The Chinese constitute one quarter of all humanity, and when the Communist Revolution, led by Mao Tse-tung, succeeded in 1949 to gain power, the participation of women in the new dispensation and the radical improvement of their status became a cornerstone of the new regime. Most recent research has concentrated on answering the questions (a) whether, as the Chinese government today claims, the emancipation of women and the objectives of socialism are not only compatible but the same; (b) whether the Communist Revolution has materially, legally and socially improved the status of women; (c) whether Chinese women have indeed been emancipated to the extent that equality with men in the three aforementioned areas is not just an ideological slogan but a real, measurable achievement; and (d) whether the Chinese claim of real political equality between men and women is indeed the case. The amount of research has been impressive. 1
In claiming that there was no conflict, only mutual reinforcement between the emancipation of women and socialist development, the Chinese were echoing the standard analysis which had come to them via the Soviet Union's interpretation of the women's question begun with Lenin. This analysis held that women's emancipation depended on two things: one, their participation in production outside the home and, two, the socialization of domestic labor. Since both of these were socialist goals, women's emancipation and socialism were mutually supportive. 2 But unlike the Soviet Union, the Chinese Communist Party and the Chinese government were prepared to have the success of the Revolution measured by women's progress. Both the party and the government have held that the degree of women's liberation is an index of social progress. In 1980 China also ratified the U.N. Convention on Elimination of Discrimination Against Women.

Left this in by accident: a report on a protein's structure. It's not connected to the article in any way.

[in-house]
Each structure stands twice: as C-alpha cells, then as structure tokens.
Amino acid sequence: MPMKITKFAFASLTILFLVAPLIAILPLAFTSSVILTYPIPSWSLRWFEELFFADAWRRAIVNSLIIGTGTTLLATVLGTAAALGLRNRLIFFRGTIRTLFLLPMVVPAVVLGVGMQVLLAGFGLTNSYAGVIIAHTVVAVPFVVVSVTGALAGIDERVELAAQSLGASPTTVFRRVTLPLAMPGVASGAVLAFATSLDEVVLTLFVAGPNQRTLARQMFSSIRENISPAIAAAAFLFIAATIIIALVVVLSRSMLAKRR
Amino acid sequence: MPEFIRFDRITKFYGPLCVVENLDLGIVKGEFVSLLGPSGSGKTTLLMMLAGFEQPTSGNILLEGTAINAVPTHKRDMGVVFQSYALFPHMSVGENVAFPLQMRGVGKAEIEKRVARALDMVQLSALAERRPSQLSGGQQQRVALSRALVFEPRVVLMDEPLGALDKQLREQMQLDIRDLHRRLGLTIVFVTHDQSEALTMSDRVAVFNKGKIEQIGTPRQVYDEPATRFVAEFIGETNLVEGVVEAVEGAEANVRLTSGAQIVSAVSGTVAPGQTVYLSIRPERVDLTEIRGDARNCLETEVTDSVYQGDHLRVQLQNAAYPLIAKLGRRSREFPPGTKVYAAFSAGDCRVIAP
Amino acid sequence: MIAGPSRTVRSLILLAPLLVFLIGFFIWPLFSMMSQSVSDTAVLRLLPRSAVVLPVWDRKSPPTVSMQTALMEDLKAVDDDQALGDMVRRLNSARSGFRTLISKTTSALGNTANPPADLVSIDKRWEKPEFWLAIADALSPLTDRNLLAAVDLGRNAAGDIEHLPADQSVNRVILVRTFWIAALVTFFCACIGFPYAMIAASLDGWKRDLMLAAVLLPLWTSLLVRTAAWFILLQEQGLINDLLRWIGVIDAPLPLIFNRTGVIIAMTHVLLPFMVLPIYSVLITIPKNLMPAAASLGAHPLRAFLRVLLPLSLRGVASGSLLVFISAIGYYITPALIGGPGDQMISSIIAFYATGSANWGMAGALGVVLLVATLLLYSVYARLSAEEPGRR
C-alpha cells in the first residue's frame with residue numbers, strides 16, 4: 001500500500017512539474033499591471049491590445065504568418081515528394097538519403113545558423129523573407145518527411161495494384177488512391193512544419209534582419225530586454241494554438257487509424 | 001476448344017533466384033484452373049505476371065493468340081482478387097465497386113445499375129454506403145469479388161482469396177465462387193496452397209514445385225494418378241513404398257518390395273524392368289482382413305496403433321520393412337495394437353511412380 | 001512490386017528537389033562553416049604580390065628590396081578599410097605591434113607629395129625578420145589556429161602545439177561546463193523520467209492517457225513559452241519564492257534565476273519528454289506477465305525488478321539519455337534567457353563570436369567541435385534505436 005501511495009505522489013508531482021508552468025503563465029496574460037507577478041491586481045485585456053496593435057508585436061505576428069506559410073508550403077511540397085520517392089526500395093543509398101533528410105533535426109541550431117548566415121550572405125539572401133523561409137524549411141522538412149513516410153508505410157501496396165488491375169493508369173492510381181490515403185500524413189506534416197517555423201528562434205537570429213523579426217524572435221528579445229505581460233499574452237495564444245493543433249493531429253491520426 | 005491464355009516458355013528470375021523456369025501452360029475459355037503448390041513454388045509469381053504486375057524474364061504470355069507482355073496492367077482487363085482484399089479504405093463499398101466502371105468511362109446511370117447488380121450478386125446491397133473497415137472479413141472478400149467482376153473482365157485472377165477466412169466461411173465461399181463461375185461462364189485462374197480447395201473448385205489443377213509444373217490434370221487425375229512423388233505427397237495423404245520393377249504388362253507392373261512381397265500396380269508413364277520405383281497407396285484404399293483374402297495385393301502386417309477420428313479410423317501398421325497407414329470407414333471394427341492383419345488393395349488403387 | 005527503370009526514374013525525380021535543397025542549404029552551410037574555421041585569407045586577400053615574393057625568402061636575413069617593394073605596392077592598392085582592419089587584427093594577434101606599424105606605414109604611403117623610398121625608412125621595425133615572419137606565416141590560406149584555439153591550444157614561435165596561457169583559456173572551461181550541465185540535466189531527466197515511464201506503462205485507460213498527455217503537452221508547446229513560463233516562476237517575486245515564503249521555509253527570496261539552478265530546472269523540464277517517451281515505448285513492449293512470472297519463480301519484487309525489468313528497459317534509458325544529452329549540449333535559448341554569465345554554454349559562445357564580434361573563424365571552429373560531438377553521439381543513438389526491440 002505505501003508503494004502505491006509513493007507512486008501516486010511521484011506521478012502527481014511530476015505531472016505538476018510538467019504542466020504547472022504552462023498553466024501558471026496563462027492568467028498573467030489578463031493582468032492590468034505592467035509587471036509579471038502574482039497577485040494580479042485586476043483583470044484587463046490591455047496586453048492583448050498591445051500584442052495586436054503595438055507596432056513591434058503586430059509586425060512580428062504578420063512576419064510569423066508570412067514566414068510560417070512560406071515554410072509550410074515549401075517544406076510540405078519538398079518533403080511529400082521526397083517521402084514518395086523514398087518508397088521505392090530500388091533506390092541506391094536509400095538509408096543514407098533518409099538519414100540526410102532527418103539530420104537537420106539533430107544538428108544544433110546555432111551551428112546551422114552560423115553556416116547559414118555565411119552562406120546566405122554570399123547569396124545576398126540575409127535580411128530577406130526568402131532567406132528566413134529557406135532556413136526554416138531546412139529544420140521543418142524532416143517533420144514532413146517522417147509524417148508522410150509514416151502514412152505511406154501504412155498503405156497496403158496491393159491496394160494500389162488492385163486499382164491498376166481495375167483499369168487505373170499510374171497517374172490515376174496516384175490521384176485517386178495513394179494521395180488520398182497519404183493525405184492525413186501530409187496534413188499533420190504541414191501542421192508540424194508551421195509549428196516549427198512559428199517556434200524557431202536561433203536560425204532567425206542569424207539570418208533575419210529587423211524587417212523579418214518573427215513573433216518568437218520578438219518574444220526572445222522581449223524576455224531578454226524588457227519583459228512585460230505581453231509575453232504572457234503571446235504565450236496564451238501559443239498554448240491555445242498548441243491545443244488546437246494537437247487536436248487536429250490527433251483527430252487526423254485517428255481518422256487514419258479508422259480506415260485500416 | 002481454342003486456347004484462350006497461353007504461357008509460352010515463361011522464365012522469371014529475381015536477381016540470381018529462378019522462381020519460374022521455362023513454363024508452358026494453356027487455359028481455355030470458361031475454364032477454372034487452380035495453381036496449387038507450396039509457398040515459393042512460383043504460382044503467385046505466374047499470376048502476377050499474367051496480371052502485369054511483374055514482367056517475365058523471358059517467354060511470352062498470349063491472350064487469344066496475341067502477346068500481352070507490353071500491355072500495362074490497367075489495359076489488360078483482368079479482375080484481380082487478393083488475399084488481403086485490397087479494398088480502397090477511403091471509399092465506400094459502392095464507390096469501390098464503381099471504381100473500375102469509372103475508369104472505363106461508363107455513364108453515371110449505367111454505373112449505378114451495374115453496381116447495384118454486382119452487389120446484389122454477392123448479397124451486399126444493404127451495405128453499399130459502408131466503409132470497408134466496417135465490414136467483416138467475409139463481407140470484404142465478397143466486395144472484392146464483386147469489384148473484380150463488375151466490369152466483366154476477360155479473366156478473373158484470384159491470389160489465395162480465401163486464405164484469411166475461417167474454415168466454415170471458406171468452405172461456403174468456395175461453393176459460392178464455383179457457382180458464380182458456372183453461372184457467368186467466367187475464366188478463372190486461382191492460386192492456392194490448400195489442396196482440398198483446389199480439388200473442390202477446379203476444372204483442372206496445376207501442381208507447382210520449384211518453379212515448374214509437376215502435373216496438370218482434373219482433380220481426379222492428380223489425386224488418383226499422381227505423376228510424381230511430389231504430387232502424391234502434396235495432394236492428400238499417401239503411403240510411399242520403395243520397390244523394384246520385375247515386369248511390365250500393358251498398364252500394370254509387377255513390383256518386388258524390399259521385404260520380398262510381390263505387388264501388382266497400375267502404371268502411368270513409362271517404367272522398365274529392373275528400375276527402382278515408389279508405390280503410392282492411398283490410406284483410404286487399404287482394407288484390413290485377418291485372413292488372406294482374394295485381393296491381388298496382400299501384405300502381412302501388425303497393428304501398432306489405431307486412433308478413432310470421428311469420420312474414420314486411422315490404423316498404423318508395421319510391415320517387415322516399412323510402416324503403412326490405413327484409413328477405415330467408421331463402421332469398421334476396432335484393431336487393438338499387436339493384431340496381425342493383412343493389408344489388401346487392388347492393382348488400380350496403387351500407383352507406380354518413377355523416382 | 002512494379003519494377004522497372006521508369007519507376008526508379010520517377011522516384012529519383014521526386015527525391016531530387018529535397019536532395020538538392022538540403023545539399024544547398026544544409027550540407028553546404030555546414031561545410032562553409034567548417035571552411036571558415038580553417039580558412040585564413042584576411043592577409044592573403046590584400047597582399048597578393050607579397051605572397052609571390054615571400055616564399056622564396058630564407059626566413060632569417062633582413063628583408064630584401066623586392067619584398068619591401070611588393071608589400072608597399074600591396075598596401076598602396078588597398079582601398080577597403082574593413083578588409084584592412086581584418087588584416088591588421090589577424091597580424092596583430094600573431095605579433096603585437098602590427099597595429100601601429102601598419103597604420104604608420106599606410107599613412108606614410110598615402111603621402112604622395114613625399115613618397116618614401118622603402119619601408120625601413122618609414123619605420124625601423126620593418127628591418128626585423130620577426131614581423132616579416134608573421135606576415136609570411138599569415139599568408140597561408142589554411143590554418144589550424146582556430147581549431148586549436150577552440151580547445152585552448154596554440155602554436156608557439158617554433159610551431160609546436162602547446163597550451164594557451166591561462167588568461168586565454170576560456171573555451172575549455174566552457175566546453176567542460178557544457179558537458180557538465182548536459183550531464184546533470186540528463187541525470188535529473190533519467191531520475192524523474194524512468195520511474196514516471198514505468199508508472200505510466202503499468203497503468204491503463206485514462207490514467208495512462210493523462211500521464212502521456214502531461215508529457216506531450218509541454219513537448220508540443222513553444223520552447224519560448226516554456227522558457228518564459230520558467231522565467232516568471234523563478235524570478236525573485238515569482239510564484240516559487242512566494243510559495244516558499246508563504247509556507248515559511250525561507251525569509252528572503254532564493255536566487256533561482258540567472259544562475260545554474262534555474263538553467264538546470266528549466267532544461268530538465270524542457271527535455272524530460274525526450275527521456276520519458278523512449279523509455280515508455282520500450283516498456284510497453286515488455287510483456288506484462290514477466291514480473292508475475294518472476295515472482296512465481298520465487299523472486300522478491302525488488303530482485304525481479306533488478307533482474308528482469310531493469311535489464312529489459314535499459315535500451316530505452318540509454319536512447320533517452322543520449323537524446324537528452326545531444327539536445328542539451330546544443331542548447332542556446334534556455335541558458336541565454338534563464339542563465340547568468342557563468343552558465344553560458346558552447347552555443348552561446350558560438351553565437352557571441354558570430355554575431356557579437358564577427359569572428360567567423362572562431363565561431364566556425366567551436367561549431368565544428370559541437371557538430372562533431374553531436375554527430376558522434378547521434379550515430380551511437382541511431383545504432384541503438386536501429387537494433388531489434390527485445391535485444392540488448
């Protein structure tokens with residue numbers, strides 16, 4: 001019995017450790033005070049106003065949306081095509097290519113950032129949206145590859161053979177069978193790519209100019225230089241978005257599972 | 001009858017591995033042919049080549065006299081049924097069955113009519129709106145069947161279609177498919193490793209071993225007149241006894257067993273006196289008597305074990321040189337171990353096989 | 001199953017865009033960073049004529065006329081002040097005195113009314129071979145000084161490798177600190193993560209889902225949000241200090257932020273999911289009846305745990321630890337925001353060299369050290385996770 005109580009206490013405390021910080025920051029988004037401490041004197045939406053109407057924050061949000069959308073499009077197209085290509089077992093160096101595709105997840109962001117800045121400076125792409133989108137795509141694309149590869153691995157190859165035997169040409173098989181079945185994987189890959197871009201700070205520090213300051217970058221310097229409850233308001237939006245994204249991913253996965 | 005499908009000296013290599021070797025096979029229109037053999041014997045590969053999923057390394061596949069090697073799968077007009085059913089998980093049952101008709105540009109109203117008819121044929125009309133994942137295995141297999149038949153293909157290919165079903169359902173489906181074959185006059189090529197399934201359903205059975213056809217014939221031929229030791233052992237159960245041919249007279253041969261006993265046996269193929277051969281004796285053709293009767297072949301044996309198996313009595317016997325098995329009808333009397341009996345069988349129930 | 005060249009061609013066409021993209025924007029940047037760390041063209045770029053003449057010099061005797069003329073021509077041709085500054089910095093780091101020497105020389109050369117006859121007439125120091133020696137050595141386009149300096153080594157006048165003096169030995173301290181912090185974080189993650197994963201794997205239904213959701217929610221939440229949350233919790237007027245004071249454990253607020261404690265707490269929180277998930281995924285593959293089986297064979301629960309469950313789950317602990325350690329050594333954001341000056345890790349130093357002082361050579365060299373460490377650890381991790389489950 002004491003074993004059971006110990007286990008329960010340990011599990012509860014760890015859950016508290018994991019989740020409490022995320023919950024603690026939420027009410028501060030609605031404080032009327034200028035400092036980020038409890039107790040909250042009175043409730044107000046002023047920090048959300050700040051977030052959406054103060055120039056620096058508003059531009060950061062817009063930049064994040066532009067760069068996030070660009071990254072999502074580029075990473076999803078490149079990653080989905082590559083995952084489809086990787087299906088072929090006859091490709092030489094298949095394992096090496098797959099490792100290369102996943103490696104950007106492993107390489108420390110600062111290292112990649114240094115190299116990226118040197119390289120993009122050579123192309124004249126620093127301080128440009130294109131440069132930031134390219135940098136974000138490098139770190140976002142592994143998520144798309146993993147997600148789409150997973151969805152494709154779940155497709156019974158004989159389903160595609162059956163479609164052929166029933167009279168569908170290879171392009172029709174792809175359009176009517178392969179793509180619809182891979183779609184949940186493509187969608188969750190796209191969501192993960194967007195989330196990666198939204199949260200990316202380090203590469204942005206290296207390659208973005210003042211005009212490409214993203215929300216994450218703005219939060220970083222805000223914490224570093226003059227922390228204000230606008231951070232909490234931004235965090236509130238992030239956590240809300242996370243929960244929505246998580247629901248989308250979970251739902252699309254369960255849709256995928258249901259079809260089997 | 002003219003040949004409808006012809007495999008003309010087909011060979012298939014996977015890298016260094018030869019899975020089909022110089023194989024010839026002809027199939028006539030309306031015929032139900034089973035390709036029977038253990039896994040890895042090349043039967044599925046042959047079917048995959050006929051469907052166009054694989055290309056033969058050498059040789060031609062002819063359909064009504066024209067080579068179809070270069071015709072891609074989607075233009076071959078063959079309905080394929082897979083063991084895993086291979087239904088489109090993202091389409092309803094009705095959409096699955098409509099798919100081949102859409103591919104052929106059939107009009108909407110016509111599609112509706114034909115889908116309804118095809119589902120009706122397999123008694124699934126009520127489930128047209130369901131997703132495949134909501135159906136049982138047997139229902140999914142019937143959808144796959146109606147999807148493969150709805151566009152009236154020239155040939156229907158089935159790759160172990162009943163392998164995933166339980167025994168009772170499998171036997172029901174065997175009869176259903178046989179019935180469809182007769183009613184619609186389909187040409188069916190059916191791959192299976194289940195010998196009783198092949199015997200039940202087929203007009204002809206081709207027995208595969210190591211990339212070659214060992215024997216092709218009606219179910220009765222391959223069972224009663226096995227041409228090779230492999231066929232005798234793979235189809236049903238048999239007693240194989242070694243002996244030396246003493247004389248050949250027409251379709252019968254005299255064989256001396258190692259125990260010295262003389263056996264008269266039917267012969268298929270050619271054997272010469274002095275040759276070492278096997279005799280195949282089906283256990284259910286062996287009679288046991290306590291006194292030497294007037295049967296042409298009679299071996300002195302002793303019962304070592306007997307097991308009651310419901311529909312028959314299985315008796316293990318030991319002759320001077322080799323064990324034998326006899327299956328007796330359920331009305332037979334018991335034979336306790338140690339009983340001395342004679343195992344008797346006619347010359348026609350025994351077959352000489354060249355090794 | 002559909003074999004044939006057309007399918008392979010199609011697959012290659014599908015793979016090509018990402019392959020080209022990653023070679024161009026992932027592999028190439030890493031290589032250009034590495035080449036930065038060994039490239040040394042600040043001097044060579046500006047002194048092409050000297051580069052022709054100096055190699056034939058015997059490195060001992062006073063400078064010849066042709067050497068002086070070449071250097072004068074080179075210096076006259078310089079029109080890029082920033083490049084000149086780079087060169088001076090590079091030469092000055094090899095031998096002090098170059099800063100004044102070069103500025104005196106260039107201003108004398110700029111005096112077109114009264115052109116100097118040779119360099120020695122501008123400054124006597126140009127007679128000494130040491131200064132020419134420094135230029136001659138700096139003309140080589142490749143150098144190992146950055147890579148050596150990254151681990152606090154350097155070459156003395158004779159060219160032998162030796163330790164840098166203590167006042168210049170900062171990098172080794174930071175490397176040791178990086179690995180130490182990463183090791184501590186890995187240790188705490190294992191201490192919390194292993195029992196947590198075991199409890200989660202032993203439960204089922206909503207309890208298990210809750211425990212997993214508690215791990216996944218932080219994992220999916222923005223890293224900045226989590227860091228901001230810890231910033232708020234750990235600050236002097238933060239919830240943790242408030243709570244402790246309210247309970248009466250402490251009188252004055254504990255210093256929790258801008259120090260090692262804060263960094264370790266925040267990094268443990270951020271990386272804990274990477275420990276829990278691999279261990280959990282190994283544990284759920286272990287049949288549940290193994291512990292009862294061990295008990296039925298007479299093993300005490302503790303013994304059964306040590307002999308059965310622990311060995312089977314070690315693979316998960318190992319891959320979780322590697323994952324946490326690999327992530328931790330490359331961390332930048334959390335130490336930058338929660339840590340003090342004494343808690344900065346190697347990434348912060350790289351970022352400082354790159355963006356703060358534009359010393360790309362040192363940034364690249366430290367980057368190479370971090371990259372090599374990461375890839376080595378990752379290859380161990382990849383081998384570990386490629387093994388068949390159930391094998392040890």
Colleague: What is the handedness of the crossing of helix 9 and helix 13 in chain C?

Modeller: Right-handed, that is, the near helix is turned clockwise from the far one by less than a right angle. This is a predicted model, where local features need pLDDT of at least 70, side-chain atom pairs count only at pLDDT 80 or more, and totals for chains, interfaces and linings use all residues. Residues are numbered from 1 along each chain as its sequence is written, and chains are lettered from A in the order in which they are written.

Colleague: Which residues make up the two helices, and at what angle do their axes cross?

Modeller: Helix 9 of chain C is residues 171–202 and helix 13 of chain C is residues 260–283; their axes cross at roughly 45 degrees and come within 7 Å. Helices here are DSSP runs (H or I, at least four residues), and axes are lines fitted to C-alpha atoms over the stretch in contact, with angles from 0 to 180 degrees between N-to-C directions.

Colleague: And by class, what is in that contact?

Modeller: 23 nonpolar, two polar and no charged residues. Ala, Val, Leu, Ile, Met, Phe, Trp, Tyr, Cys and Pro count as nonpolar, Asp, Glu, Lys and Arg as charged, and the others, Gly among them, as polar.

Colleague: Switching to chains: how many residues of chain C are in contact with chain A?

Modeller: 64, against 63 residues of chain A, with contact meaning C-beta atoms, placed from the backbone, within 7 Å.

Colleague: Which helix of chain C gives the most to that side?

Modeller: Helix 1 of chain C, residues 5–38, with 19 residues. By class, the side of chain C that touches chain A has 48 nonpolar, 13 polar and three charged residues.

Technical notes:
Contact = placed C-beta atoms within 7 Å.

In old China women lived at the lowest level of a suffocatingly strict patriarchal society. A woman had no right to divorce her husband, no matter how much he ill-treated her. Women, in fact, had no rights at all, except through their sons. In traditional China, Phyllis Andors pointed out, girls were freely sold as concubines or as second wives. Widows were not allowed to remarry. Betrothed girls were considered widows if their husband-to-be died before the wedding. The young widow, said Andors, could then either serve her parents-in-law, enter a Buddhist convent or commit suicide. Poorer families